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[CFF ’22] ‘The Third Saturday in October Part V’ review: Horror movie uses franchise fatigue to its benefit

The Twin Peaks inspired score is a big plus.

The Third Saturday in October Part V made its world premiere at the Chattanooga Film Festival in an interesting way. It was screened before the first installment intentionally. The idea was to serve as a reminder to those old enough to remember the days before streaming. Before the current media landscape made it possible to watch every installment of a franchise in order (either by release date or the movie’s chronology), a person had to count on whatever video store they went to if they were going to see a series of movies in order. Inevitably, you were left watching things in random order. (I saw Phantasm II and Friday the 13th Part 3 before I saw the originals.)

The Third Saturday in October Part V jumps right in by showing kills from the “previous” movies. (In reality, there is only one other.) Writer-director Jay Burleson does a great job of handling the “fourth” sequel. Many times, a person will find themselves wondering what is a callback to earlier installments. It is a skilled touch that takes the movie beyond pure spoof.

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There is also some great gore in the film. While there is a long period between the initial kills and the main action, The Third Saturday in October Part V does eventually deliver. This includes foot trauma, some gross slashes, and a death by pizza scene that is one of the funnier moments. Jack Harding is the Big Bad who will not stay down. He fits the profile of a franchise serial killer with the difference being he is a little sillier. He is not a walking quip machine like Freddy Krueger, but he had more fun than Michael Meyers. He also helps set the movie apart from the ones they are making fun of.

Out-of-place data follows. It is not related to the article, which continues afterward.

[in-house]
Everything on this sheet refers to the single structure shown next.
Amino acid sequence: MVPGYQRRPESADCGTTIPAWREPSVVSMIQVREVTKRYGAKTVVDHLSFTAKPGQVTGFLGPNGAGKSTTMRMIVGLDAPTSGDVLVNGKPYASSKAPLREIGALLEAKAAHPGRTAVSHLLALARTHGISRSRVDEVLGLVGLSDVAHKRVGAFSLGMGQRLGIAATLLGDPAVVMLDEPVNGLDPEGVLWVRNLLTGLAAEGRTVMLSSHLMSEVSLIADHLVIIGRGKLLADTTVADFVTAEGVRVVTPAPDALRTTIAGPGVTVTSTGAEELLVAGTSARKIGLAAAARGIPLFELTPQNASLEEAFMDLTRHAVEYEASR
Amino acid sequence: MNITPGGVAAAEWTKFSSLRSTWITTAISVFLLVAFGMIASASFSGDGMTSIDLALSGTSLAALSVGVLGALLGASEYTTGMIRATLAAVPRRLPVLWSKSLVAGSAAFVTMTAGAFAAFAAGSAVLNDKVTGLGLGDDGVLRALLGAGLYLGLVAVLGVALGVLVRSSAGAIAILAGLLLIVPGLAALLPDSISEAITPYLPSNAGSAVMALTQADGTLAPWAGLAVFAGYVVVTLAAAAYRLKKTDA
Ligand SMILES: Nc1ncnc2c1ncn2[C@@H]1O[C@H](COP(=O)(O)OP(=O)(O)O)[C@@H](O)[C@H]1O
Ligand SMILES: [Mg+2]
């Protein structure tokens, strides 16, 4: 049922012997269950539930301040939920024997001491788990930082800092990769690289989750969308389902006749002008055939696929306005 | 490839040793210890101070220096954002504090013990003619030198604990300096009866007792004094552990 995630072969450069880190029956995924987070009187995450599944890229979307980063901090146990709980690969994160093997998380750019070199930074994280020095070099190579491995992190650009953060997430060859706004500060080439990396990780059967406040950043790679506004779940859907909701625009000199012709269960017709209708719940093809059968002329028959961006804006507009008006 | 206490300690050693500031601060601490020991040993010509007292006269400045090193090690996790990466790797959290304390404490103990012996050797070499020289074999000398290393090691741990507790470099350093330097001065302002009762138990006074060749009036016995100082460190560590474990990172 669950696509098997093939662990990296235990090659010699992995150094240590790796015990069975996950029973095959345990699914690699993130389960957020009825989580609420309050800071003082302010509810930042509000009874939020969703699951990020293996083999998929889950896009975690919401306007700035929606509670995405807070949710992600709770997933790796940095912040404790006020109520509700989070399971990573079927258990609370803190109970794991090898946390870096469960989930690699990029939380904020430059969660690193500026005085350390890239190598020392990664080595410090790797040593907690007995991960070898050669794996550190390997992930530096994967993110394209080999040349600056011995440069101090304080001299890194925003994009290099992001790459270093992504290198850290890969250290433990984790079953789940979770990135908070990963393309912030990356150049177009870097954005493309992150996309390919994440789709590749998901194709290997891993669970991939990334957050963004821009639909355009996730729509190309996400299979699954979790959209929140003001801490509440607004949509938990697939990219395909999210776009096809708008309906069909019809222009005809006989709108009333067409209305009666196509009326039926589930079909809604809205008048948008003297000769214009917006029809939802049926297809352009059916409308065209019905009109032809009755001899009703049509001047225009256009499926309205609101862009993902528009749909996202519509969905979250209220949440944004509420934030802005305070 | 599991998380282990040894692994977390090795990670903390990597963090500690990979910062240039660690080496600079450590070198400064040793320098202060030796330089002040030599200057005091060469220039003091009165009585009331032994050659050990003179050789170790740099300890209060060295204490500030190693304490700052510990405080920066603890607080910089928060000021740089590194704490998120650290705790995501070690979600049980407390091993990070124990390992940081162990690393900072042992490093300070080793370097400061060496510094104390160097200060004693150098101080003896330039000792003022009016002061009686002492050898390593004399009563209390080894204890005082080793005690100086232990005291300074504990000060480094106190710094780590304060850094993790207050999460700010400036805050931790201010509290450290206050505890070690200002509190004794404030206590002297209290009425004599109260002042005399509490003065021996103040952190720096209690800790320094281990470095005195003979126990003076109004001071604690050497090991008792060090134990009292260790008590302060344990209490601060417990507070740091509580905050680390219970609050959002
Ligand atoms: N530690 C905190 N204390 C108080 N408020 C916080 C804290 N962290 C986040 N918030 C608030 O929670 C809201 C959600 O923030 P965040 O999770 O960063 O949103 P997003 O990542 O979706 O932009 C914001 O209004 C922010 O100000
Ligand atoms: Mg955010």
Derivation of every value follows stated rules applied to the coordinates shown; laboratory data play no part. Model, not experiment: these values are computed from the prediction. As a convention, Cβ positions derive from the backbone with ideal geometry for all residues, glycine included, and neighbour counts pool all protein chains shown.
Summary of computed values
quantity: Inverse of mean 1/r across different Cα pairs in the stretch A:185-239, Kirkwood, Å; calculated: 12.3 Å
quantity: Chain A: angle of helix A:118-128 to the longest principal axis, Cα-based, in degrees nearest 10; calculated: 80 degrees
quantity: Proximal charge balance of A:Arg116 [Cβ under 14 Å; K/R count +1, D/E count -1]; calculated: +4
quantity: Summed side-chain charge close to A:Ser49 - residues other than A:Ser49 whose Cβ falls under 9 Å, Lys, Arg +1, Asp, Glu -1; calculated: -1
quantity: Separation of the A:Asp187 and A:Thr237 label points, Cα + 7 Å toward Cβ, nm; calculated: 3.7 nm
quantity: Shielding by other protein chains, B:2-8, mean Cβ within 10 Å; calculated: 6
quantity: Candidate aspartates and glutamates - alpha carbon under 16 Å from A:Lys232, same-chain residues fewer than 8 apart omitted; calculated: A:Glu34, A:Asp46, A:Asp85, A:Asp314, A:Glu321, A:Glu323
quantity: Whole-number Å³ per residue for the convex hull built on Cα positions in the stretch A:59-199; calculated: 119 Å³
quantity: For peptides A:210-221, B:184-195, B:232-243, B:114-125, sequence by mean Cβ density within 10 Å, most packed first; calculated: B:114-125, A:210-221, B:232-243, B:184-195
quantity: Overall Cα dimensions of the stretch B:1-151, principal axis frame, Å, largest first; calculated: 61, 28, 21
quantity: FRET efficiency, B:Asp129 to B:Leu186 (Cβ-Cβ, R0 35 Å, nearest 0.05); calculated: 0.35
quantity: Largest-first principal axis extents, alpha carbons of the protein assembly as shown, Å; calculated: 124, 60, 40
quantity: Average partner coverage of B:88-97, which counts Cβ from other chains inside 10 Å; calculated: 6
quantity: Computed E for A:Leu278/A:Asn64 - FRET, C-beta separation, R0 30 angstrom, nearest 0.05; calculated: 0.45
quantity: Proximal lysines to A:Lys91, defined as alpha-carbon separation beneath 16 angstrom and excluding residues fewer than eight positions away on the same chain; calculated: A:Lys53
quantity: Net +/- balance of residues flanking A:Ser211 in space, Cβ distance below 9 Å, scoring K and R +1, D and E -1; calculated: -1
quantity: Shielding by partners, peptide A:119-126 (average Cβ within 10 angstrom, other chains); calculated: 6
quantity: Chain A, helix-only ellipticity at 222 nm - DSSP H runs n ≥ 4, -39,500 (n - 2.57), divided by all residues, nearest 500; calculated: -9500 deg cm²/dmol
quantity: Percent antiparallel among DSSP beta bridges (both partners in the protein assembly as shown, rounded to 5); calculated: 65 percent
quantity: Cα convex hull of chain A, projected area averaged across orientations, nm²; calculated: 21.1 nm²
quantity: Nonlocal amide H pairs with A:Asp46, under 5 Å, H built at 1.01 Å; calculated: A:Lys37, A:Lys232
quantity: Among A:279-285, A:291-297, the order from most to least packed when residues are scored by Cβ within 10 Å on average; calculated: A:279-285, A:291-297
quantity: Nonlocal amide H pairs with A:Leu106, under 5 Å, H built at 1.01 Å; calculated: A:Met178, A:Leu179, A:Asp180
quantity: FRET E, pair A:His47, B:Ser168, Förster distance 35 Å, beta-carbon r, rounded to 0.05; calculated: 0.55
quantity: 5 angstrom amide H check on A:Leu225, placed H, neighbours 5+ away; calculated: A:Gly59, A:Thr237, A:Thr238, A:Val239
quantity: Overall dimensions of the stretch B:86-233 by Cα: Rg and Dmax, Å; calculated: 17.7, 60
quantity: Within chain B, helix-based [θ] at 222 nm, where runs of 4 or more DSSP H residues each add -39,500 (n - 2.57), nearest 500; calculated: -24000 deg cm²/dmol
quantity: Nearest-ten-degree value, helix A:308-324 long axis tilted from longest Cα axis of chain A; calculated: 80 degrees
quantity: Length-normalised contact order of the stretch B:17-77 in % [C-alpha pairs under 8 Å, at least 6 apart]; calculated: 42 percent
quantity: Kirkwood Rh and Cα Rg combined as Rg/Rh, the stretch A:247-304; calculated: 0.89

[CFF '22] 'The Third Saturday in October Part V' review: Horror movie uses franchise fatigue to its benefit

The Third Saturday in October Part V ably does what it sets out to. It actually feels like the fourth sequel in a long running franchise. This includes the fatigue that sets in after five films following the same villain have been released. It will be nostalgic to genre fans who relied on video stores while younger audiences will enjoy the comedy.

Tickets for the Chattanooga Film Festival are available HERE


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